US 4529714 A
The subject invention relates to a process for regenerating silver-containing carrier catalysts used in the preparation of ethylene oxide which comprises treating a deactivated catalyst with a solution comprising a potassium, rubidium, or cesium compound and a reducing agent. The subject process provides improved catalyst regeneration.
1. A process for regenerating silver-containing carrier catalysts useful in the preparation of ethylene oxide, which comprises treating the deactivated catalyst with a solution comprising an effective amount of a potassium, rubidium or cesium compound and an effective amount of a reducing agent which does not contain any significant amount of halogen or sulfur.
2. The process of claim 1 wherein the regeneration is carried out with a cesium compound.
3. The process of claim 1 wherein hydrazine is used as the reducing agent.
4. The process of claim 2 wherein hydrazine is used as the reducing agent.
5. The process of claim 3 wherein a compound which forms complexes with Ag+ (I) ions is used in addition as the reducing agent.
6. The process of claim 4 wherein a compound which forms complexes with Ag+ (I) ions is used in addition as the reducing agent.
7. The process of claim 5 wherein the complexing agent is 2-aminobutane.
8. The process of claim 6 wherein the complexing agent is 2-aminobutane.
9. The process of claim 1 wherein a surfactant is used in addition to the reducing agent.
10. The process of claim 2 wherein a surfactant is used in addition to the reducing agent.
11. The process of claim 3 wherein a surfactant is used in addition to the reducing agent.
12. The process of claim 4 wherein a surfactant is used in addition to the reducing agent.
13. The process of claim 5 wherein a surfactant is used in addition to the reducing agent.
14. The process of claim 6 wherein a surfactant is used in addition to the reducing agent.
15. The process of claim 7 wherein a surfactant is used in addition to the reducing agent.
16. The process of claim 8 wherein a surfactant is used in addition to the reducing agent.
17. The process of claim 1 wherein the amount of potassium, rubidium, or cesium cation in the solution is from 0.005 to 0.15 weight percent based upon the weight of the catalyst, and the amount of reducing agent is from 0.05 grams per kilogram catalyst to 5 grams per kilogram catalyst.
1. Field of the Invention
This invention relates to an improved process for regenerating carrier catalysts used in the preparation of ethylene oxide. The carrier catalysts primarily consist of silver and, in some cases, alkali metal compounds, in particular cesium, as promoters.
2. Description of the Prior Art
Carrier catalysts as well as their preparation are generally known, for example, in published document EP-B1 00 14 457 (assigned to BASF AG and hereinafter referred to as EP-B1). In and of themselves carrier catalysts are very suitable for the preparation of ethylene oxide from ethylene and oxygen. However, since their effectiveness diminishes the longer they are in service, efforts have been made to find ways to regenerate them without having to remove them from the ethylene oxide reactor.
Thus, various treatment processes have been developed in which the deactivated catalyst is treated with compounds of heavy alkali metals, in particular with cesium compounds. In published documents DE-A 25 19 599 and 26 11 856 (Hoechst AG) the deactivated catalyst is treated with alcohol solutions of the alkali metal compounds; in published documents DE-A 26 49 359 (Hoechst AG) this treatment is performed in at least two steps, whereby the ethylene oxide production is continued between these steps; in published document DE-A 27 40 480 (Hoechst AG) the catalyst is washed in an inert liquid prior to treatment with the alkali metal; in DE-A 29 38 245 (Hoechst AG) the washing fluid contains ammonia or aliphatic amines; and in EP-B1, cited previously, the catalyst is treated in the presence of a surfactant and, preferably, a complexing agent such as 2-aminobutane.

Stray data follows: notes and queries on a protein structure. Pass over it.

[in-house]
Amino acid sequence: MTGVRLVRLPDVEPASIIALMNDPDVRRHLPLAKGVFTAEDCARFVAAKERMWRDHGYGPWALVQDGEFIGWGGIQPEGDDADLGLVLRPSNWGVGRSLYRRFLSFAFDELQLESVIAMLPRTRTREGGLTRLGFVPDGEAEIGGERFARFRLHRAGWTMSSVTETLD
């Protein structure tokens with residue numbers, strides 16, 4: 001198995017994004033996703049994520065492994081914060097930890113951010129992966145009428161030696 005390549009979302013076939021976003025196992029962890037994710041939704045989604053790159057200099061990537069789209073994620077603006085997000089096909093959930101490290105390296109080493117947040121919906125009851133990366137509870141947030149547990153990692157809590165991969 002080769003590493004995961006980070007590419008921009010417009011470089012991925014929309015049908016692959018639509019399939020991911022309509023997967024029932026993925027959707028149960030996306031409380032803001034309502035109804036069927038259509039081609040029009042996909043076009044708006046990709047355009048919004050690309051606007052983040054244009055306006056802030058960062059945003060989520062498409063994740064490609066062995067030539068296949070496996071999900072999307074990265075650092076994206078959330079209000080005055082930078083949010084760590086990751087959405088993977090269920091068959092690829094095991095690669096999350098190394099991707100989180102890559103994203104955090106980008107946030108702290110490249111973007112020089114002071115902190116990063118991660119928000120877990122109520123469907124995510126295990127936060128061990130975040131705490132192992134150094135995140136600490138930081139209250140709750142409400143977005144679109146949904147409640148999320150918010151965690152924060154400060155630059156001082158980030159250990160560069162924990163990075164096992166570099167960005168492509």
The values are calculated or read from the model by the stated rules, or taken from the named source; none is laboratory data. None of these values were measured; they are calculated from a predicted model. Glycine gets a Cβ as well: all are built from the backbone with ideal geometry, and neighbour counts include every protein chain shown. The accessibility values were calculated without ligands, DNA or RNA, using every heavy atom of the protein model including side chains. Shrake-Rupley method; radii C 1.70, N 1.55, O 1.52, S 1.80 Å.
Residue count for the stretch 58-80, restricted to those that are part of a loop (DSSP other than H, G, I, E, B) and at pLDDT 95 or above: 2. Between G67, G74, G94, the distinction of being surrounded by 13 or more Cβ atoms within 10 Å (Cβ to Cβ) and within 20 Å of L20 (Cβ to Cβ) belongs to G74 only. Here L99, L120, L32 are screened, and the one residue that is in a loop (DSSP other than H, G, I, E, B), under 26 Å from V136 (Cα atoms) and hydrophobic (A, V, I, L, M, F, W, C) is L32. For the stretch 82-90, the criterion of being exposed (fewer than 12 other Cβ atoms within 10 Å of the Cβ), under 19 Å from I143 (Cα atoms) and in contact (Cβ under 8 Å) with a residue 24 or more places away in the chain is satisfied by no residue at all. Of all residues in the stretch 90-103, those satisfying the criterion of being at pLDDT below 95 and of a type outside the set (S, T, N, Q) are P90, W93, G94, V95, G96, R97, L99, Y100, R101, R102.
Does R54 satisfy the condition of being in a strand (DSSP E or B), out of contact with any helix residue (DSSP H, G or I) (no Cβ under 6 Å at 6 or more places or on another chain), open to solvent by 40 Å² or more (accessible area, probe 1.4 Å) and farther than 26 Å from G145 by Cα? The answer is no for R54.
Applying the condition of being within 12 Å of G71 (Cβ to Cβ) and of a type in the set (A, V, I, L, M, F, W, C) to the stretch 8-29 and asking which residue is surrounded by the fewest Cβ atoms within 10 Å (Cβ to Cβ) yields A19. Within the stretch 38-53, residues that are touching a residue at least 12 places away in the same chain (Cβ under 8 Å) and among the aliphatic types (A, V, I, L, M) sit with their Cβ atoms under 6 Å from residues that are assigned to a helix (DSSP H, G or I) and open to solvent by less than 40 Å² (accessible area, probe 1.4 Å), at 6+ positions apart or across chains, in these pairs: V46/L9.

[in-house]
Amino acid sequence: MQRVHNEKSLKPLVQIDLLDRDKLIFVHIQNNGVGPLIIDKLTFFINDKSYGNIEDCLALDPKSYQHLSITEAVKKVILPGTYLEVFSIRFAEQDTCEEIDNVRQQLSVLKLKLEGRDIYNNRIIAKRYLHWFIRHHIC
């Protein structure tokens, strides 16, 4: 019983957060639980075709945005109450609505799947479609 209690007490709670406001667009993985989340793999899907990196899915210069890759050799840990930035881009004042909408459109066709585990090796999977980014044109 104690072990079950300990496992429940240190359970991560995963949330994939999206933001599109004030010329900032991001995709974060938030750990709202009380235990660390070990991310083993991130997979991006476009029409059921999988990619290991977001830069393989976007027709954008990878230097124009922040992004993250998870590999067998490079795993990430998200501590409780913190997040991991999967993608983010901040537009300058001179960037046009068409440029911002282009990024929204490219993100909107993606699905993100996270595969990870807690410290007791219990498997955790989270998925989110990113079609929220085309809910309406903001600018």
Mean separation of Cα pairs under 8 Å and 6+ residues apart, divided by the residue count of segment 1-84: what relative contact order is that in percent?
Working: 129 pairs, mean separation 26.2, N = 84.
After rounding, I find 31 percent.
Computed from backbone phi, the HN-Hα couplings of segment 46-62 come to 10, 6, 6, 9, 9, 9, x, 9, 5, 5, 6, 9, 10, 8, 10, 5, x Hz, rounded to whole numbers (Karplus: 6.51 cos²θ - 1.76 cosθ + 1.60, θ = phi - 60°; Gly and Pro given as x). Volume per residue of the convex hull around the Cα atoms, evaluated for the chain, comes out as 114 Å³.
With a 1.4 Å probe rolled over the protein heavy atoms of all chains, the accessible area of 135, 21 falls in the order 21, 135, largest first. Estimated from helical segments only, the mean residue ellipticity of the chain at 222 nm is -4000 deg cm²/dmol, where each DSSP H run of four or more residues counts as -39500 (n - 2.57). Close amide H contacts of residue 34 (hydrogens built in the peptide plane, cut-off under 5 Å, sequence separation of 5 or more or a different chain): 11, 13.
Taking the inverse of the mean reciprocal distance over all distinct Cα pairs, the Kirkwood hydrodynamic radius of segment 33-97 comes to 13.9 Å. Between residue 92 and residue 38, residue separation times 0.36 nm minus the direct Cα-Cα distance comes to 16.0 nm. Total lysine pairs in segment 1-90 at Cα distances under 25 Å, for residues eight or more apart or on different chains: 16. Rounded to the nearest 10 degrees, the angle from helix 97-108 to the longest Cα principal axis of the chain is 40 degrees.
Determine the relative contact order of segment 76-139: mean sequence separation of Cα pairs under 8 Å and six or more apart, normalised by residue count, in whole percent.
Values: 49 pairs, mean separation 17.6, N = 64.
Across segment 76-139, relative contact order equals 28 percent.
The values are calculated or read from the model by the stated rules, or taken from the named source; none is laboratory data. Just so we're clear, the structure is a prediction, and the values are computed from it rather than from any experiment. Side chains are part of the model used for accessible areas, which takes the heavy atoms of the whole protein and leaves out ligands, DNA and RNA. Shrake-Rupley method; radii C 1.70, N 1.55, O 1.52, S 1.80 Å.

EP-B1, in addition to disclosing the regeneration of the catalyst, also teaches its preparation and thus also the initial treatment of the fresh silver catalyst with the compounds of the heavy alkali metals and a reducing agent such as hydrazine, optionally with a surfactant as well as a complexing agent for silver (I) ions. However, EP-B1 does not teach the use of a reducing agent in the regeneration of the catalyst.
The subject invention relates to a process for regenerating a silver-containing carrier catalyst used in the preparation of ethylene oxide which comprises treating the deactivated catalyst with a solution comprising a potassium, rubidium, or cesium compound and a reducing agent.
It is preferred to use compounds which form complexes with monovalent silver ions and/or surfactants. It is also preferred to use hydrazine as the reducing agent.
The subject process provides improved catalyst regeneration.
The catalysts to be regenerated, identified below as "ethylene oxide catalysts," are generally known, for example, as cited in EP-B1 00 14 457. Their carrier material comprises, for example, silicates, quartz, silicon-carbide, graphite or, most preferably, α-aluminum oxide, and their active layer is comprised of silver. In addition, this layer can be treated with ions of the light alkali metals, lithium and sodium, as well as with ions of the heavy alkali metals potassium, rubidium, and, in particular, cesium.
Such catalysts can have a composition similar to the following (in weight percent):
______________________________________Carrier material 88-98, preferably 88-94%(in particular α-Al2 O3)Silver 2-12, preferably 6-12%Li+ + Na+ 0-0.03, preferably 0.005-0.025%Li+ 0-0.025, preferably 0.004-0.015%Na+ 0-0.035, preferably 0.004-0.025%Atomic ratio (rounded off) preferably 15:1-150:1Ag: (Li+ + Na+) =5:1 to ∞,Heavy Alkali Metal 0-0.025, preferably 0.005-0.025%in particular Cs+Atomic ratio (rounded off) preferably 200:1-5000:1Ag: (K+ + Rb+ + Cs+)10:1 to ∞,______________________________________
The treatment solution used to regenerate these catalysts contains a heavy alkali metal, in particular, cesium, regardless of whether or not the original catalyst contains any alkali metals as promoters. Since the presence of the alkali metal cations is usually found in fresh ethylene oxide catalysts of the type described, though, as a rule the regeneration generally involves catalysts which originally contained such promoters. In this case the regeneration takes place because the compounds of the heavy alkali metals are again replaced after having been partially or completely transformed into a catalytically inactive form during the course of catalyst service.